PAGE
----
PEOPLE Scholars setting record admission and achievement numbers

Now in its twenty-second year, the UW-Madison Precollege Educational Opportunity Program for Learning Excellence (PEOPLE) celebrated the completion of precollege training for rising high school seniors from Madison and Milwaukee, along with a continuing streak of record UW-Madison admission offers and in-coming college scholars.

The PEOPLE RISE Class of 2021 will soon to be the incoming College Scholars of 2022. These precollege scholars are now well-prepared to close out their high school careers with excellent GPAs, high ACT test scores and offers to attend college on UW-Madison PEOPLE scholarships, Interim Deputy Vice Chancellor for Diversity & Inclusion Cheryl Gittens told families and other participants at the virtual July 16 annual banquet.

This fall UW-Madison will welcome a record-setting incoming class of first-year College Scholars.

“This incoming class of PEOPLE College Scholars didn’t miss a step in pushing toward their goal of getting into UW-Madison,” Gittens said. “You’re ready, you’ve earned it, and we will see you here at UW-Madison next year.”

During their precollege preparation training, the incoming 2021 College Scholar Cohort had 145 students who completed the precollege program.  Among them:

  • The average GPA of Cohort 2021 is 3.42 — one of the highest recorded – our incoming college cohort of 2020 had the highest at 3.47;
  • 47% of Cohort 2021 achieved a GPA of 3.5 or higher;
  • 109 of the 145 were admitted to UW-Madison – the 2nd highest number in program history, but the highest percentage. Again, our Cohort 2020 had 111 offers;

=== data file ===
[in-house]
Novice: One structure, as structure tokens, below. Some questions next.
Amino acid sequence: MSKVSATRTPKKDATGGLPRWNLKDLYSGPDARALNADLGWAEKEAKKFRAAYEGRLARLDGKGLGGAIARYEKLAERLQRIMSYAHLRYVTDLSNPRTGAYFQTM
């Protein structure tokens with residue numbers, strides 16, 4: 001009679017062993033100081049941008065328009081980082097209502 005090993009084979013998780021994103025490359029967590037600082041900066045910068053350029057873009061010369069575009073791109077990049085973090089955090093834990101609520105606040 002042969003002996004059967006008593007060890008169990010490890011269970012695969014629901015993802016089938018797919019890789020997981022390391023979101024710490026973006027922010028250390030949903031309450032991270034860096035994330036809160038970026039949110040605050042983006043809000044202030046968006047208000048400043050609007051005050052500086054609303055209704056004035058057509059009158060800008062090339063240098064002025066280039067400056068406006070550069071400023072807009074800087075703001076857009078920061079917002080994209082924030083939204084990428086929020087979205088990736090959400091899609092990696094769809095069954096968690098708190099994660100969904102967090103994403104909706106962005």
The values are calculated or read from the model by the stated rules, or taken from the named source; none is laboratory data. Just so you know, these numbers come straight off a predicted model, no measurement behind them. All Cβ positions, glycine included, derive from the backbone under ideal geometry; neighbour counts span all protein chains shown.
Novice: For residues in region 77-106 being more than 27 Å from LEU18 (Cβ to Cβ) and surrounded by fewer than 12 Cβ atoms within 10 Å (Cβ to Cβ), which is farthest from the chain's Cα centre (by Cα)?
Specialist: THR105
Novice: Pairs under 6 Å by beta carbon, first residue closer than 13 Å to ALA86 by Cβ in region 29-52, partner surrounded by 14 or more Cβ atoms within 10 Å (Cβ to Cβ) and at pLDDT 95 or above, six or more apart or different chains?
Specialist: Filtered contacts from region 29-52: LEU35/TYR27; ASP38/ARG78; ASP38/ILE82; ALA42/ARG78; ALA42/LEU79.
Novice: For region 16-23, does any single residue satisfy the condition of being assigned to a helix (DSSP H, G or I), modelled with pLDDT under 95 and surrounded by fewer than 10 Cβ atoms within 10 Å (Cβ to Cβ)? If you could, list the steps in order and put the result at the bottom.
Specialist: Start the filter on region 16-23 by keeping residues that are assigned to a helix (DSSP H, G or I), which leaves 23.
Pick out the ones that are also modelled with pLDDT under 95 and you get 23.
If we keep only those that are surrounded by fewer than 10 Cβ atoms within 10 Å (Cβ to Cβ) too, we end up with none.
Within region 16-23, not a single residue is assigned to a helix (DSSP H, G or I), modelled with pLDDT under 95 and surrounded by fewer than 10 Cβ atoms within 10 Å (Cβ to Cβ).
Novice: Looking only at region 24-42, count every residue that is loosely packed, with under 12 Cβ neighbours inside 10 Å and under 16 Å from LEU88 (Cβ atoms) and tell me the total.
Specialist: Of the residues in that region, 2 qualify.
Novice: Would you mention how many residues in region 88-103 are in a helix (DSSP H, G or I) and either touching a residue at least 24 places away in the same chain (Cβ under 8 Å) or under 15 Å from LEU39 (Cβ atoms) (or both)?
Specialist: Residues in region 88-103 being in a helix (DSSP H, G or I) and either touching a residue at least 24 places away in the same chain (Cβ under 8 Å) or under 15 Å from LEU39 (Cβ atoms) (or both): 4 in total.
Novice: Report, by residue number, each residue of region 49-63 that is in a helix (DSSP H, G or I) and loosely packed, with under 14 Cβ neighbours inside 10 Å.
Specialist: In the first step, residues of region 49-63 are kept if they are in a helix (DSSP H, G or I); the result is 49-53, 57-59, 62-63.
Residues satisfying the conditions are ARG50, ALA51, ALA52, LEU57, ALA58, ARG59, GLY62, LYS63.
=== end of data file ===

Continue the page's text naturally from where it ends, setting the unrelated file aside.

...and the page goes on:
• 84% of applicants from cohort 2021 were offered college admission;
  • 95 of those 109 PEOPLE Precollege Scholars have enrolled in UW-Madison as incoming College Scholars.

Currently, there are more than 600 precollege PEOPLE Scholars. Of those 85% have high school grade point averages above 3.0.  The overall unweighted grade point average or GPA of 3.49 for all PEOPLE students indicates graduates are well-prepared for colleges with a selective admissions process.

Among these current PEOPLE Precollege Scholars:

  • 56% are taking 2 or more advanced classes and the ACT average for Cohort 2020 is 21;
  • of the 96% of scholars who attended last year’s PEOPLE Summer University, 91% participated in the ACT-Plus program to get ready for this pivotal college-entrance exam;
  • the result was an improvement of 3.5 points in their ACT score.

PEOPLE College Scholars have maintained a first-year retention rate of 92% or better in each of the past 10 years.  In 2019-2020, the PEOPLE College Scholars Program saw a 16.5% increase in the 4-year graduation rate from the previous year.

The outcome is the result of imaginative, creative, intelligent, and driven scholars who refuse to settle, Gittens said.

“You are what the founders of the PEOPLE Program envisioned and what our beloved long-time director Jackie DeWalt labored tirelessly to make possible,” she added. “You are the embodiment of PEOPLE’s dedicated staff and instructors.”

Each year, PEOPLE Scholars are expanding into new and extremely challenging majors and career choices by dreaming – reimagining – their future, Gittens said. That, in turn, is the inspiration for all who will follow.  She encouraged the rising scholars to dream big, imagine without limits and make their dreams reality.

“We can’t wait to hear about your acceptance to UW-Madison and to seeing you on campus,” she added.

Since 1999, the PEOPLE program has been preparing highly competitive selected high school students to succeed at any UW System school, including any prestigious college or university like UW-Madison. PEOPLE Scholars get rigorous pre-college preparation to focus their ability to build and master academic knowledge, build cognitive strategies, build self-management skills, and learn about college through experiential learning.  The program provides tuition scholarships to scholars who are admitted to UW-Madison, along with continuing academic and development support while they earn an undergraduate degree.